Altisidora is a fifteen-year-old girl working in the service of the Duke and Duchess, who host Don Quixote and Sancho at their castle in Part 2 of the novel. Altisidora is a prankster who wants in on the fun of messing with Don Quixote. She considers herself to be a very beautiful girl, so she pretends to fall in love with Don Quixote in order to torture his sexual urges. Don Quixote, though, remains steadfast in his devotion to his beloved Dulcinea.
It's only when she finally realizes that the old man won't budge under her fake seductions that Altisidora needs to save her pride, saying, "[H]ast thou the impudence to think that I died for love of thy lantern-jaws? No, no […] for I would not suffer the pain of a flea-bite, much less that of dying, for such a dromedary as thou art" (126.96.36.199). Now, we might not understand all these words (though we're totally into calling old dudes "dromedaries"). But suffice it to say that Altisidora isn't afraid of using some pretty rough language when it comes to defending her wounded pride.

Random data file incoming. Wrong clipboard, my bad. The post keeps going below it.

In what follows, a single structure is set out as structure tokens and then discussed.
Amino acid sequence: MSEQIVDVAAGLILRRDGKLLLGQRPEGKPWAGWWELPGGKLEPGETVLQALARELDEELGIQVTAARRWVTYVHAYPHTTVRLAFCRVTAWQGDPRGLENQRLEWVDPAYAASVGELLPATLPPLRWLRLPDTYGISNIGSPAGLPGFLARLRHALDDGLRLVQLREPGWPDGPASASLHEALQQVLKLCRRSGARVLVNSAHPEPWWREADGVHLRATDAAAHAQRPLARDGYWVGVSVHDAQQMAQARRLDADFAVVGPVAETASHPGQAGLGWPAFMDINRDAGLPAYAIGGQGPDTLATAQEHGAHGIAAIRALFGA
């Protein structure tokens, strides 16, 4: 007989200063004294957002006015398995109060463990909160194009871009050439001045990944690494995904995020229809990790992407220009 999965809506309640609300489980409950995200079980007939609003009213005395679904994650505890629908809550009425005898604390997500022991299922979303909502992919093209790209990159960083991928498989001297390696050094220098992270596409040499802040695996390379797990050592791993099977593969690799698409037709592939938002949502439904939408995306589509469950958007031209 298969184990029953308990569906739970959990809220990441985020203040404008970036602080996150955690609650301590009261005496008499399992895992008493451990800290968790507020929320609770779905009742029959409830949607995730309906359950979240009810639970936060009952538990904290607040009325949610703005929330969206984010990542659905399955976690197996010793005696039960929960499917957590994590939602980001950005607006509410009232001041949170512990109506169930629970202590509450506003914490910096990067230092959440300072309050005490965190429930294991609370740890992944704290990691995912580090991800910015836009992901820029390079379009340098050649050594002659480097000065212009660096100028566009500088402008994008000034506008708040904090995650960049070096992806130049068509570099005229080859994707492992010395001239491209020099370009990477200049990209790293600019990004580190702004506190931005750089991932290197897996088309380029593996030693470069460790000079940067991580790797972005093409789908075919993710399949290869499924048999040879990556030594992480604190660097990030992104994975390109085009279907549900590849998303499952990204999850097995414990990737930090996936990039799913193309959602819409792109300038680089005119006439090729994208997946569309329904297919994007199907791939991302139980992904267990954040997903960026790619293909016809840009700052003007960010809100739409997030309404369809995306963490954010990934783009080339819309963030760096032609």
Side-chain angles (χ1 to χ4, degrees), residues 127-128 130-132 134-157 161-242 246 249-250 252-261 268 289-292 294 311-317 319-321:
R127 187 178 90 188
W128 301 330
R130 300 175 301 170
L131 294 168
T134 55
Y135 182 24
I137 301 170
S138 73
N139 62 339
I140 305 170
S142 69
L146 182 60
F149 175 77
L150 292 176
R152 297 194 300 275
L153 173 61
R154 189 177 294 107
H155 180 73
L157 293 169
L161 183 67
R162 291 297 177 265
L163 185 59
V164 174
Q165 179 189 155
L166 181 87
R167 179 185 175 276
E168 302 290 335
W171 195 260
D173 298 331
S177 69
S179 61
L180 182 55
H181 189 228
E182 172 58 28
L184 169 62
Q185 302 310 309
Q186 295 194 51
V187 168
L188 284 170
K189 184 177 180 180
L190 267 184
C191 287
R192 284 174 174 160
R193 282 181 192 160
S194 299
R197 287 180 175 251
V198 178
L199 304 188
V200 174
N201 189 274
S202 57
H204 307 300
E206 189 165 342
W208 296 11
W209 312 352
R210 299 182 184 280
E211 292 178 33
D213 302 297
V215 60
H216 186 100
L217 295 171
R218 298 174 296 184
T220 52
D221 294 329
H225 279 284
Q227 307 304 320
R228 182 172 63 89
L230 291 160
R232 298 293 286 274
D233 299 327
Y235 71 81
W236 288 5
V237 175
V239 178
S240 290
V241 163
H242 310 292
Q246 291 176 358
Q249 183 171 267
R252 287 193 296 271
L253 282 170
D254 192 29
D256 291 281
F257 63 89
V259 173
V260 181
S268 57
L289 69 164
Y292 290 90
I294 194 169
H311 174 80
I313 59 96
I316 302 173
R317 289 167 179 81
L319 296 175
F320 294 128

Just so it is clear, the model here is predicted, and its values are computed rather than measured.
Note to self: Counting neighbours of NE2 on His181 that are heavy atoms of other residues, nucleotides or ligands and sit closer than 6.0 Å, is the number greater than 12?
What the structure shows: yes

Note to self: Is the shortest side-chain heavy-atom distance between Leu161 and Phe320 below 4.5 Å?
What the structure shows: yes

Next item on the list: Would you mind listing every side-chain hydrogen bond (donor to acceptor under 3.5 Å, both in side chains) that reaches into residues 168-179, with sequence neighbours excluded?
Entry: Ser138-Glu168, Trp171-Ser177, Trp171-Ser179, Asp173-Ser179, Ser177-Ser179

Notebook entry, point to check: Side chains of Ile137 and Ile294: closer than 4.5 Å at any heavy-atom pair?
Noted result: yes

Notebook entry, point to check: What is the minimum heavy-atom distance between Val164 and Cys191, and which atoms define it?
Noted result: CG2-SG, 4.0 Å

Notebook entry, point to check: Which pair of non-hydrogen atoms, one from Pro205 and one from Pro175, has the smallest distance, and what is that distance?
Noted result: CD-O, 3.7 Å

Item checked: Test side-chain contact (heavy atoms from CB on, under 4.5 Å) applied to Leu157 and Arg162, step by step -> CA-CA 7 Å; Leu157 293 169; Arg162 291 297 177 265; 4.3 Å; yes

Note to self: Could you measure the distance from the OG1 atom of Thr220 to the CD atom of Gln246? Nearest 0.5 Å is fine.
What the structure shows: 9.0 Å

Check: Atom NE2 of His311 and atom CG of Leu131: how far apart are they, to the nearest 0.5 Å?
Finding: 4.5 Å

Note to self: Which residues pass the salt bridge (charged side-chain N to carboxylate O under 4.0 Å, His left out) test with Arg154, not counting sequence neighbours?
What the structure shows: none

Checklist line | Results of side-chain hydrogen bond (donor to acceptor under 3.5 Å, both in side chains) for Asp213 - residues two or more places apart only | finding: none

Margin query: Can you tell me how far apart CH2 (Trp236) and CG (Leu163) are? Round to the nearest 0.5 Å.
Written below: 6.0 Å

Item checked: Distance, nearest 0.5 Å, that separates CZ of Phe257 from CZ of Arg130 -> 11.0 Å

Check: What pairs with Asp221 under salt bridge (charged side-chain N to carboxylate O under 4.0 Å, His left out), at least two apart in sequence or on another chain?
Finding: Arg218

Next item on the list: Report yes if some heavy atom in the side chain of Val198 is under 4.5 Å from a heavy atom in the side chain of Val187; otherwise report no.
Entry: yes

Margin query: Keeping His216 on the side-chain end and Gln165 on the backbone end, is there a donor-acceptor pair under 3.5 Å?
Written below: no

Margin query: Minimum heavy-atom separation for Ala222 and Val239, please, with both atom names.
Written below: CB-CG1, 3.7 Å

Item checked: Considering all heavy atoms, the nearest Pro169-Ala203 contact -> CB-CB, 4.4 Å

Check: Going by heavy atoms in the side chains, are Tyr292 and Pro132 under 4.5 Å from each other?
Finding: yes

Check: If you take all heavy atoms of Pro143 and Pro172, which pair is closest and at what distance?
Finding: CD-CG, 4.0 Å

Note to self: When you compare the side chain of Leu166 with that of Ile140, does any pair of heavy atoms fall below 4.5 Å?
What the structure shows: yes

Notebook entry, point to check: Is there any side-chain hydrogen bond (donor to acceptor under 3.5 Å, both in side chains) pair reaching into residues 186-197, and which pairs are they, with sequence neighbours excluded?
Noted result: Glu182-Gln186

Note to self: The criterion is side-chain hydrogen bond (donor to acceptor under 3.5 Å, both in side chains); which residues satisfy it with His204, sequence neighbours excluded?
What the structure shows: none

(We've got to hand it to Don Quixote, by the way: silly as he may seem, his devotion to Dulcinea is real, and he endures a lot for it. Most of the men in this book just want to get up a lady's farthingale and leave her in the dust.)
At another point, Altisidora attacks Doña Rodriguez for saying, "she has more vanity than beauty, and less modesty than confidence [and] her breath is so strong, that nobody can endure to stand near her for a moment" (188.8.131.52). It seems like these comments do a pretty good job of summing up Altisidora. While she might look nice from a distance, there are other qualities about her that definitely aren't so nice when you get up close. It's yet another example of the conflict between appearance and reality in the book.